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What is alone time? For parents of newborns, this concept scarcely exists. For parents with teens, it’s likely more common. Either way, alone time allows parents to pause, to reflect and to unwind. It allows parents the necessary break to recharge – to parent better because they’ve switched off. Those who are parents will say “Parenting is a 24/7 job” and it is. That still shouldn’t mean you give to the extent where you’re sacrificing your own sanity.
Honestly? Pretty guilty. This is a difficult concept to comprehend. For parents of newborns, the thought alone of leaving their newborn is unfathomable. This is a key developmental stage for their children and Erikson’s first stage of Trust vs. Mistrust is integral. During this stage of psychosocial development, ‘the infant is uncertain about the world in which they live, and looks toward their primary caregiver for stability and consistency of care.’ Infants are suspicious of strangers during this developmental stage. Parents are thus afraid to leave them alone – the key is establishing trust with a core family member (such as a grandmother). If the infant experiences, mistrust it will cause anxiety.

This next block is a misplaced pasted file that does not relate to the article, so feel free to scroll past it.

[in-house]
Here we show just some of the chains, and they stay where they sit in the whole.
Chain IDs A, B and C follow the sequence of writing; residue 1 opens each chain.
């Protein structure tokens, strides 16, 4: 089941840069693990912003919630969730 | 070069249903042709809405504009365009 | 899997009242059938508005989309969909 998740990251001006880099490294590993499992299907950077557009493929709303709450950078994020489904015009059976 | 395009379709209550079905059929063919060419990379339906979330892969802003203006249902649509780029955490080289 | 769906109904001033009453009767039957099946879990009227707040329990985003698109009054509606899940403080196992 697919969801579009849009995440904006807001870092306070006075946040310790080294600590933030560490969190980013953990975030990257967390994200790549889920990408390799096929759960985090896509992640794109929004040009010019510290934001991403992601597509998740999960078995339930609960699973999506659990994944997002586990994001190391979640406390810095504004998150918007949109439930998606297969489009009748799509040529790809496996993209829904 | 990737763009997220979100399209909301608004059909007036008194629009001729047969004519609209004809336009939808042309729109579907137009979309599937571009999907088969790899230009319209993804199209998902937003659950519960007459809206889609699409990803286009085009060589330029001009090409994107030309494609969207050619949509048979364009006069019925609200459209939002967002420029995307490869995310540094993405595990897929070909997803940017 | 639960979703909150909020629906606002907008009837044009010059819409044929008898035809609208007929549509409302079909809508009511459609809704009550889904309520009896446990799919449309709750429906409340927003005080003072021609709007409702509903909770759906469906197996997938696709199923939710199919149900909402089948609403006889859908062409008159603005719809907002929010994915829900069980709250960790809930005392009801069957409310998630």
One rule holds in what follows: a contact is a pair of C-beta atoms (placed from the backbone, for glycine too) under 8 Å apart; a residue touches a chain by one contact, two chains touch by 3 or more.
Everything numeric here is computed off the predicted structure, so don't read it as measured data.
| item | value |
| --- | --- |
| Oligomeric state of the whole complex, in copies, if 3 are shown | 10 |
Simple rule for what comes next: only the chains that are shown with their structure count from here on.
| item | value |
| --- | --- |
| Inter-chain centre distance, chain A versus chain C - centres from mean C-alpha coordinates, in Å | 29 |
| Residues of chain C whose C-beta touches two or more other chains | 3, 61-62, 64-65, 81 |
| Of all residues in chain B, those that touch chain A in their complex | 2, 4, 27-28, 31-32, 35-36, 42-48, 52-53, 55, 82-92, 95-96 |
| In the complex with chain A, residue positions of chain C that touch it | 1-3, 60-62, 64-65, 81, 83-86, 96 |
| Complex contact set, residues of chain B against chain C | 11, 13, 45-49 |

Honestly? Pretty conflicted. They respect the need for independent time – time off parenting their teens and time off from their teens being parented, yet they crave quality time with their teenagers and are always looking to connect on a deeper level. It’s normal for your teenager to go through a phase where you experience interpersonal conflict or family drama. It’s also completely normal for you, as parent, to feel worn down or like you’re “not getting through.” This blog has a good summary of what parenting a teen actually looks like. My simple advice? Remember how you were brought up. Which elements of your parents’ parenting did you like? Which didn’t you like? How will you adapt this reality to suit the needs of your child?
Alone time allows us all a chance to hit refresh. It offers sanctity/peace of mind. It brings calm and quiet. It acknowledges the importance of self-care. Alone time is a luxury for some but a necessity for all. It soothes wounds and offers perspective. Making time for alone time is as important as putting on your safety mask before helping others. This analogy is an important reminder that caring for yourself first allows you to better care for others!
Abandon the guilt that accompanies your need or desire for alone time. Prioritise that weekly date night. Go for that movie with your friends. Children learn from watching their parents lead by example. They will acknowledge your ability to balance living for yourself and living for them, and admire it too. This will pave the path forward for them to enjoy alone time, to embrace their independence and to cherish moments together even more.